So, this ocean-first hypothesis needed a mechanism to go from coastal waters to coastal forests, and result in large-scale land contamination. We took a hint from the original molecular clock studies that suggested the initial divergence 70-90 years ago. The phylogenies also suggested a secondary divergence event for each of the clones multiple decades later. This timing serendipitously coincided with perhaps the only event that could have caused such a large-scale transfer of microbes from ocean to land – the tsunamis following the 1964 Great Alaskan Earthquake. That 9.2 Richter scale quake was literally felt across the globe and sent tsunami warnings off as far away as Hawaii’. Anything living and lurking in the surface waters along the nearby North American coasts was certain to be exposed to land. Alaska felt the worst of it, with reported 67 m (220 ft) waves in Shoup Bay, AK. Water pushed through the Alberni Inlet on the western side of Vancouver Island at such height and velocity as to wipe out dozens of Port Alberni homes. Tsunami waves were felt down the coast and in the Salich Sea and Puget Sound and even pushed up the Columbia River. Twelve people on the beach in Crescent City, CA were washed out to sea. The devastation was severe and an unknown and unwelcome traveler may have now reached the shore, but it wouldn’t make its presence known for a couple more decades.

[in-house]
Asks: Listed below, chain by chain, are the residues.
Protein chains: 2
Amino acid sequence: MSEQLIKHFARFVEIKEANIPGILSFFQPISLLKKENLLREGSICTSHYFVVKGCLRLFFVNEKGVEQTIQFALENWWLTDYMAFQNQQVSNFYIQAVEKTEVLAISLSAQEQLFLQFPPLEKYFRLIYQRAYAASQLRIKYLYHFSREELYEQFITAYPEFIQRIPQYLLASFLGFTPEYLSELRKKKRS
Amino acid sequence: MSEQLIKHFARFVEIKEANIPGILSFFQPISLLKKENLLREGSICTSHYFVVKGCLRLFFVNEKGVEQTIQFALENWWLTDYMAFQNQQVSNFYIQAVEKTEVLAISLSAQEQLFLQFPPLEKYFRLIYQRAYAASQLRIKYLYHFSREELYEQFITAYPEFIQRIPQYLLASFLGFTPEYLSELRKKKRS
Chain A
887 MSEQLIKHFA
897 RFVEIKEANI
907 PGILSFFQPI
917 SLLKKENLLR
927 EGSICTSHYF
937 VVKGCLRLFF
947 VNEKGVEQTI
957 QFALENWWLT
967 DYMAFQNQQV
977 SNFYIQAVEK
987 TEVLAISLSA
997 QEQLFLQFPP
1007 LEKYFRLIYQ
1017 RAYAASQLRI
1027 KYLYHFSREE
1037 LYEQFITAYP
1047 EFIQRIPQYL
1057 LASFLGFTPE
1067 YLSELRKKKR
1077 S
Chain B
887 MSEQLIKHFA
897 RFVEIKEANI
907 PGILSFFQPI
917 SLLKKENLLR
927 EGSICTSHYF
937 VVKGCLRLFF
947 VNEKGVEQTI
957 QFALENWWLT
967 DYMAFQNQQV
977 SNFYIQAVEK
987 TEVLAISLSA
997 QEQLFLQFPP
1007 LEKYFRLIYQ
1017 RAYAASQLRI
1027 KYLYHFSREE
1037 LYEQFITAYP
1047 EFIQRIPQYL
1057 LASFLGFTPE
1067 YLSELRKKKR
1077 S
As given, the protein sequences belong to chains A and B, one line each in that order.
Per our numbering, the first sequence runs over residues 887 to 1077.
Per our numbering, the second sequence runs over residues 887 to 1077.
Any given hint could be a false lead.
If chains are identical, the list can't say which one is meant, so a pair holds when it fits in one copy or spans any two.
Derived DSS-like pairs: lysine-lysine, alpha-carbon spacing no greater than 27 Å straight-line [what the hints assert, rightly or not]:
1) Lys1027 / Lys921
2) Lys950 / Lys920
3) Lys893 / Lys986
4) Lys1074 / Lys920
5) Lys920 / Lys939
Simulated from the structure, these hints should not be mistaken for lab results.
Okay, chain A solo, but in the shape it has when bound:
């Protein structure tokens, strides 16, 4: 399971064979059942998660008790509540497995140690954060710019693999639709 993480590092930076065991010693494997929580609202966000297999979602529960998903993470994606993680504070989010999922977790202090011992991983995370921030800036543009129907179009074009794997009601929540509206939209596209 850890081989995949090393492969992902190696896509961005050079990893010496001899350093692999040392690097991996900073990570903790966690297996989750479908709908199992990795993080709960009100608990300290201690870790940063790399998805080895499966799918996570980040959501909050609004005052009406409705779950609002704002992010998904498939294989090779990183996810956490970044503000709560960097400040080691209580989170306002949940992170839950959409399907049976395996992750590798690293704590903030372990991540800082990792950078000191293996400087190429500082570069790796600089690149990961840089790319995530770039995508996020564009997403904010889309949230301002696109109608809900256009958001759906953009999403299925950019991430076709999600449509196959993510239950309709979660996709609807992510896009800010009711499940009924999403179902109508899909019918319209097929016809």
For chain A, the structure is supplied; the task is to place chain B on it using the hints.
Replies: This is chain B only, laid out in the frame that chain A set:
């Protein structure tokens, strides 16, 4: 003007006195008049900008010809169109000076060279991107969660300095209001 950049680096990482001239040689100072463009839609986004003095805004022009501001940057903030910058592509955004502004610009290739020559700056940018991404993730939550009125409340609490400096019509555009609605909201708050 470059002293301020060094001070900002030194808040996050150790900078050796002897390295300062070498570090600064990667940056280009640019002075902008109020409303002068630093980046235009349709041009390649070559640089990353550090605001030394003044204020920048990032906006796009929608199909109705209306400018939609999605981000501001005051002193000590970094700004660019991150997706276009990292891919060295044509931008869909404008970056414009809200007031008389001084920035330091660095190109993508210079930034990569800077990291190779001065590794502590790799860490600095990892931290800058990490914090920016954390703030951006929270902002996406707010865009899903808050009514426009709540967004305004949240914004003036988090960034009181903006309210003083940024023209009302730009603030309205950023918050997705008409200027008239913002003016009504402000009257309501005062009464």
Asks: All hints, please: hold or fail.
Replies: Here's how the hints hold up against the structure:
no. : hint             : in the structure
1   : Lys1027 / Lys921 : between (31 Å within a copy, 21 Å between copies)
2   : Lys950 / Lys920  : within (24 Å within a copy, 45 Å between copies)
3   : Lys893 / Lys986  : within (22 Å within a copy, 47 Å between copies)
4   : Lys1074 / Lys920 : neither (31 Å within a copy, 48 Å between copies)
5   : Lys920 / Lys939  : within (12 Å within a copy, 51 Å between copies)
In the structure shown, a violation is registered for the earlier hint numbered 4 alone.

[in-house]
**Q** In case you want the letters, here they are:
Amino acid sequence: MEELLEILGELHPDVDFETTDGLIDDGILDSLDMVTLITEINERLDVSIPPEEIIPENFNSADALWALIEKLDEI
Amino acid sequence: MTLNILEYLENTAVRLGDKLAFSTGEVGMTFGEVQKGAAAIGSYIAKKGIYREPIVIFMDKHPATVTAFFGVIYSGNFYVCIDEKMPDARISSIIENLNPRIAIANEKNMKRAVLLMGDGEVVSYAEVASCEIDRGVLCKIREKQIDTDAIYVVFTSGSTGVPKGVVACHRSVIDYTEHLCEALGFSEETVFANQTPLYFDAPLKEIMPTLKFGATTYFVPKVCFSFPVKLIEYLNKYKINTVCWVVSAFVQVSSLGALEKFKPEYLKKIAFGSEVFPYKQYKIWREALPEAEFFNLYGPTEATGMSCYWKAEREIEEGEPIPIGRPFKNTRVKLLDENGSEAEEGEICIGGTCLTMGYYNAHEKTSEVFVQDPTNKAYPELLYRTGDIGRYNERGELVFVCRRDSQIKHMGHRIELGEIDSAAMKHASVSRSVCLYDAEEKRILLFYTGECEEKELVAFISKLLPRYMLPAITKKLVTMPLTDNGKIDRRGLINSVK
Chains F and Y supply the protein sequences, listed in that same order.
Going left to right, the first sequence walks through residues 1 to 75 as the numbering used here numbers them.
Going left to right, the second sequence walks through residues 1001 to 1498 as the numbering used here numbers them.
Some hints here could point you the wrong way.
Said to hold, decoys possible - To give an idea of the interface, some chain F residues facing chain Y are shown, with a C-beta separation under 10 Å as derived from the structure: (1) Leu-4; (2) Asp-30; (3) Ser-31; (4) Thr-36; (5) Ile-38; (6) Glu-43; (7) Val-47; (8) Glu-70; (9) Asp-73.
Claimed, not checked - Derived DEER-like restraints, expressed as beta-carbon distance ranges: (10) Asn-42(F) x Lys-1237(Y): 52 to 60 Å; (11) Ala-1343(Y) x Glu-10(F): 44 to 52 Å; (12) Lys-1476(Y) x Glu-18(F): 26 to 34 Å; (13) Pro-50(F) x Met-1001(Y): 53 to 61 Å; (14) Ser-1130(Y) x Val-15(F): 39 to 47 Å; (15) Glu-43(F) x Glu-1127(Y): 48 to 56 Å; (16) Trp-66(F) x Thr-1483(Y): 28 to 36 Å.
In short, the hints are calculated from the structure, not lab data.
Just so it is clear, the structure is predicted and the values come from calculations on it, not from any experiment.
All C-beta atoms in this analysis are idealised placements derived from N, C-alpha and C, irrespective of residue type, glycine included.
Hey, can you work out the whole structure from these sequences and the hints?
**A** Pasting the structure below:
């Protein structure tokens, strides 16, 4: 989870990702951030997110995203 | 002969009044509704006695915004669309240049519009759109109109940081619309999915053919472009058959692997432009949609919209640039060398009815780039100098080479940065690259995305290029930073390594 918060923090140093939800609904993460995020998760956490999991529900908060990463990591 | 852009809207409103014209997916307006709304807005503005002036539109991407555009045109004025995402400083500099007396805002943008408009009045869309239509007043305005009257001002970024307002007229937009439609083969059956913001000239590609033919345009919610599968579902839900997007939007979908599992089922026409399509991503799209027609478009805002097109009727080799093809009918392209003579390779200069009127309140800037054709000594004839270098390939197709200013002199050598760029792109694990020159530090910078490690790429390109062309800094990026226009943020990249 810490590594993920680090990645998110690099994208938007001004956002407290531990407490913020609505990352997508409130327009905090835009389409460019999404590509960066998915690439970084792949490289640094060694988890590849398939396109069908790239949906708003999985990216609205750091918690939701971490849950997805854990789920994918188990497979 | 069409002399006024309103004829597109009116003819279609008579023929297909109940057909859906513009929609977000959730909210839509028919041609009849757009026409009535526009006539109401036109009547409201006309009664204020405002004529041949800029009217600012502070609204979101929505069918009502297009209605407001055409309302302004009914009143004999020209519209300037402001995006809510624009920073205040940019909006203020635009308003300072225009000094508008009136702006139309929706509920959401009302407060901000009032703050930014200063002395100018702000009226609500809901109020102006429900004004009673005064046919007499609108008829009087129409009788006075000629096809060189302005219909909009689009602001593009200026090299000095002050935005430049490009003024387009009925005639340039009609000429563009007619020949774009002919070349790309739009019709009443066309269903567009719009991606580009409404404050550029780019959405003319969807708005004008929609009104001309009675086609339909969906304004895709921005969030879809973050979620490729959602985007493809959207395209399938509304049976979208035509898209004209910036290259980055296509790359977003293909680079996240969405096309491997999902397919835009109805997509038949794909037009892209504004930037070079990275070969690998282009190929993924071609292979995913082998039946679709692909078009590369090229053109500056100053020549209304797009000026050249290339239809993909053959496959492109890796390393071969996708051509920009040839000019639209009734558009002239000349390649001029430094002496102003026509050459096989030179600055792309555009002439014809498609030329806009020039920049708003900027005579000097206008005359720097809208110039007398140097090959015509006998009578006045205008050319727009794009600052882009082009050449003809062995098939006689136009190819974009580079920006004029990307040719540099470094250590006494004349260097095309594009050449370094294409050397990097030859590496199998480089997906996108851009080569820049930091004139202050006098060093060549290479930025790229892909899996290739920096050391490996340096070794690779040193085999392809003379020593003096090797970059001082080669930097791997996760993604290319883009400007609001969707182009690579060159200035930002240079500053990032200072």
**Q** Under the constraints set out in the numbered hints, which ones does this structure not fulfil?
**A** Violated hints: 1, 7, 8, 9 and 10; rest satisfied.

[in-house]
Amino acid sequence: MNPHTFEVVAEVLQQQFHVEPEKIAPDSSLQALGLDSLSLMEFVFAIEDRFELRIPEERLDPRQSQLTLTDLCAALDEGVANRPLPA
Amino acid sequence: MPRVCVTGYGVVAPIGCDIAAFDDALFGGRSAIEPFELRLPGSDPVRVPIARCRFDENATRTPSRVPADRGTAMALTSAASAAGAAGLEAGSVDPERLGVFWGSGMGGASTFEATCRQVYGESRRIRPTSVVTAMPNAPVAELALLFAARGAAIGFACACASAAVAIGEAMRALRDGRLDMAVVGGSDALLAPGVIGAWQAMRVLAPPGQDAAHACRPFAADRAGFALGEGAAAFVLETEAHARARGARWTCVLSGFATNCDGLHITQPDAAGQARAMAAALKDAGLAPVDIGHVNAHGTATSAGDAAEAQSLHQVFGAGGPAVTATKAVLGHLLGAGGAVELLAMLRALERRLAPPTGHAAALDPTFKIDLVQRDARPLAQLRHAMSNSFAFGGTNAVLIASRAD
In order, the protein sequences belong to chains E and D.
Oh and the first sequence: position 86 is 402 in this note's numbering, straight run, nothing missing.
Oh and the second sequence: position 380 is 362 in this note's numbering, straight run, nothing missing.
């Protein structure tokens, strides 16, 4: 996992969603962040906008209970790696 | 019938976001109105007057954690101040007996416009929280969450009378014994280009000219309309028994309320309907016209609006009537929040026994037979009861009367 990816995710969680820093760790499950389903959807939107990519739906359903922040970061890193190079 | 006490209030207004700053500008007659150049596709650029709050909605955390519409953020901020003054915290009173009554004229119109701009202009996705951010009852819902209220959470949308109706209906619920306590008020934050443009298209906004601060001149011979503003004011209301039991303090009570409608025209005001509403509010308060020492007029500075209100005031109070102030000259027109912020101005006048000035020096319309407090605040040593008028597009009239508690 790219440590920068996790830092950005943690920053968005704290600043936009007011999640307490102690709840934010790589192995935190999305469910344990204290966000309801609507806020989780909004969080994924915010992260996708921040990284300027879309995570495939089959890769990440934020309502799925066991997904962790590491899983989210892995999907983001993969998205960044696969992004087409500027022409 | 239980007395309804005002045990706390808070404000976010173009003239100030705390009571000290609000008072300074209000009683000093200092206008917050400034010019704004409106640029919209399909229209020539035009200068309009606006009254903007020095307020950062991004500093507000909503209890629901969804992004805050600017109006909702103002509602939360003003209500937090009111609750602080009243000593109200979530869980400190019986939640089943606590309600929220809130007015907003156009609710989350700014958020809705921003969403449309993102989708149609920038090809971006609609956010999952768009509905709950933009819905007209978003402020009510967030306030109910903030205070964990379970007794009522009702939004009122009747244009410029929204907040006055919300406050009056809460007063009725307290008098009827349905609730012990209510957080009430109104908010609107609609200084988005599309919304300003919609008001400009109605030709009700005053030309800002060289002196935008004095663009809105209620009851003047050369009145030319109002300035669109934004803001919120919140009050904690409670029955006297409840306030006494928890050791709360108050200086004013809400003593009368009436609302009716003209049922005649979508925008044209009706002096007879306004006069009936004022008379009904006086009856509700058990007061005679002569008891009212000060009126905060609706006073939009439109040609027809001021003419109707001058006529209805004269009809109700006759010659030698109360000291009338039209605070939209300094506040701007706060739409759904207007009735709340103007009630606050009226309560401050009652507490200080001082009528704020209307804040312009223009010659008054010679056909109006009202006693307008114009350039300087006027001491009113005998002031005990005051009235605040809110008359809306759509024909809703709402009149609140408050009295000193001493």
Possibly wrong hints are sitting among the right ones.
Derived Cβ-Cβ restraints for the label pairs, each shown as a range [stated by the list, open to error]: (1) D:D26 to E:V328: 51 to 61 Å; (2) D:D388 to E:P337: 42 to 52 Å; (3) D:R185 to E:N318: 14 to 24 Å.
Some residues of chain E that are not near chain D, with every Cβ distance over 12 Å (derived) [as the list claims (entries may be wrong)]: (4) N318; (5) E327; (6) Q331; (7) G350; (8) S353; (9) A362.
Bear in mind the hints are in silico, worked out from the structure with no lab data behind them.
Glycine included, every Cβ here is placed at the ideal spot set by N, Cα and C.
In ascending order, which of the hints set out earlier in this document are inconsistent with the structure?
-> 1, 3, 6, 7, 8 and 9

Where the C. gattii fungus was hiding and what it was doing during the 70’s and 80’s is still a bit fuzzy, not unlike for many of us. But it was there. Our best evidence is a human case of VGIIa cryptococcosis in a patient in Seattle in 1972. The details of that case are also fuzzy – but the fungus had made a rare early appearance. Perhaps additional cases occurred, in animals and humans, but they would be lost to history since no one was looking for them. Sporadic cases of human disease with C. gattii would have appeared indistinguishable from those caused by its more common cosmopolitan sibling species C. neoformans, and unless the isolate was specifically analyzed, it would have been impossible to distinguish between these two species. Perhaps the fungus was slowly growing and spreading undetected in the region; a 1992 environmental isolation occurred in San Francisco. Perhaps it was surviving in local soil amoeba populations (a demonstrated possibility by my co-author) where virulence can be enhanced.

Then seemingly out of nowhere, a number of cases were detected on Vancouver Island in 1999 – the more we looked the more it looked like a tidal wave of cases, both human and veterinary (including cats, llamas and dolphins). The case rate in the PNW was at least an order of magnitude higher than in other endemic regions. And cases were more typified by severe pulmonary disease rather than mild neurologic disease, as had been the norm. It’s still not clear whether the 1999 emergence was just an emergence in our diagnostic and epidemiologic conscience or if some other piece to this puzzle remains to be discovered. Alert clinicians, warmer climate, landscape changes, amoebic assistance - these are all possible drivers of the modern endemicity. But the stage may have been set by two forces of nature: Teddy Roosevelt and plate tectonics.

Engelthaler DM, Casadevall A. On the Emergence of Cryptococcus gattii in the Pacific Northwest: Ballast Tanks, Tsunamis, and Black Swans. MBio. 2019 Oct 1;10(5). pii: e02193-19. doi: 10.1128/mBio.02193-19

Banner Figure: SEM image of Cryptococcus gattii mating. Courtesy of Edmond Byrnes and Joseph Heitman/Duke Dept. of Molecular Genetics and Microbiology